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Great advice here by outbound. My broker connected us with Chubb which does work well for us now on the west coast. But when we move our boat to Florida I bet they come up with a completely different company and solution.

Besides, my broker gives us free boat show tickets, ya can't beat that. :)

Find a great broker, that is great advice.

Our broker also does all the basic policy updates for us, such as new home port, additional insured adds, etc.... I never actually need to talk to Chubb Insurance at all.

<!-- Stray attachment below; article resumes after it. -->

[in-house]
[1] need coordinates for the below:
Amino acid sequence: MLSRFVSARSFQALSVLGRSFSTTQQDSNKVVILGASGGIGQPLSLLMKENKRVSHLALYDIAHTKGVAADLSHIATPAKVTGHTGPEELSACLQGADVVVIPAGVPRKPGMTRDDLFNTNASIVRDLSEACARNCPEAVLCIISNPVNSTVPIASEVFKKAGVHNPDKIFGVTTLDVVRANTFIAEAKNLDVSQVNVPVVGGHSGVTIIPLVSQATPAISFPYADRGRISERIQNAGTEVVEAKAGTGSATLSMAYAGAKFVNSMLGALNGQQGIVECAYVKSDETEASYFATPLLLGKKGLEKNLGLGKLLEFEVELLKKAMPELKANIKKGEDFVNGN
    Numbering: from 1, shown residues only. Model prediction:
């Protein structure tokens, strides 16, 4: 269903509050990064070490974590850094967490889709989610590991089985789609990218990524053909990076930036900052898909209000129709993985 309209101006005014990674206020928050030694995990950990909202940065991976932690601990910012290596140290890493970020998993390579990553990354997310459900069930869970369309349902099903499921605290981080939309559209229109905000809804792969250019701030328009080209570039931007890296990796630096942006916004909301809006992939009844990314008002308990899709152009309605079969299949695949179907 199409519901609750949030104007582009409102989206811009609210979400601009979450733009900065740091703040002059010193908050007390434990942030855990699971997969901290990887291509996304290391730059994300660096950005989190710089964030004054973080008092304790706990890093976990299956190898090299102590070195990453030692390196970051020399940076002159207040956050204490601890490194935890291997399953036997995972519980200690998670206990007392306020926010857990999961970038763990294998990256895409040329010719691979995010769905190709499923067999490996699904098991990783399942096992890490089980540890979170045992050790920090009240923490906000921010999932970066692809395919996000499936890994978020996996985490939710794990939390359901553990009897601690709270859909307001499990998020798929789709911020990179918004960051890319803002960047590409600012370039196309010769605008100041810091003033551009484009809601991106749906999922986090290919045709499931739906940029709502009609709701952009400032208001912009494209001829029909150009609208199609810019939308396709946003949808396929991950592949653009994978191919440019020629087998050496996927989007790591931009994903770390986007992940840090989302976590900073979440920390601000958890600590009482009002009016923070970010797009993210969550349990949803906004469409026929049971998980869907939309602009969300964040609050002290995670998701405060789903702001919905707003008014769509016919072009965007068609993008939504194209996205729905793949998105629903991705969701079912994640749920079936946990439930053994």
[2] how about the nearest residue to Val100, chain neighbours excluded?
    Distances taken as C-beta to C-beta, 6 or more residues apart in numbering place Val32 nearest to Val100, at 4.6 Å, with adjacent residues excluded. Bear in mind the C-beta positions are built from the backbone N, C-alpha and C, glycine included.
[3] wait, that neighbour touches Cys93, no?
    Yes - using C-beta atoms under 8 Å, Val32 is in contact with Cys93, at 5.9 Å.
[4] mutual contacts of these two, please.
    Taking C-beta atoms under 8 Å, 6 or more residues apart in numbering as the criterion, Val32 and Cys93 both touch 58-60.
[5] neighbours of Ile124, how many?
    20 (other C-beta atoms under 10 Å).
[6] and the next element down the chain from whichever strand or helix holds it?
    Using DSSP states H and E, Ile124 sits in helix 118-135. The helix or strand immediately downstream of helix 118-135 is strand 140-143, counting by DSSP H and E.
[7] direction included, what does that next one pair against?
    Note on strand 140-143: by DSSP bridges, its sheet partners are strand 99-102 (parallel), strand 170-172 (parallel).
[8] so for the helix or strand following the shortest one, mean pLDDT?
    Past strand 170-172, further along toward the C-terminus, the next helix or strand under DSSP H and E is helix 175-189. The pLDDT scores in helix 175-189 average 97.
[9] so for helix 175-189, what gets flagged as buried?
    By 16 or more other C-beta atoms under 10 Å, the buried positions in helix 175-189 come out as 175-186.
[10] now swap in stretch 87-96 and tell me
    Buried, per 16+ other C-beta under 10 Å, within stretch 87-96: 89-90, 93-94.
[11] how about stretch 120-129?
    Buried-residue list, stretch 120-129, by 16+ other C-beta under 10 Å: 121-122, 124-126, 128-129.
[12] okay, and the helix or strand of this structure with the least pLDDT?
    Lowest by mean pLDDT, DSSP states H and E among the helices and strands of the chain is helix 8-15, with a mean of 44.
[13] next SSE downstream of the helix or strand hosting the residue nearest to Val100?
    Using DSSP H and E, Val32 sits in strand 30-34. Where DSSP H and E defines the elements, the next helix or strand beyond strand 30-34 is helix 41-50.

Second the advise to use a marine insurance broker with a known good rep. Our program had us coastal/offshore the first year then offshore/ocean this year. Broker lined us up with different policies/riders that allows us to travel. She saved us a lot of money by getting appropriate vendor for the planned activities with planned switches as our cruising grounds expand. If in fact you are going to cruise need to check out limitations policies from Boat US will place on you. For instance just doing east coast with transits to eastern Caribe was problematic for them. If you are going to leave the boat they may require it being in a marina with a contract stipulating yard will watch it in your absence or it be pulled for named storms or out of the water or above a certain latitude etc etc. Devil's in the details. With a broker you tell them what you will do, what you may do and they help you get the right policy with the right company. Turns out in my experience no more expensive in the long run.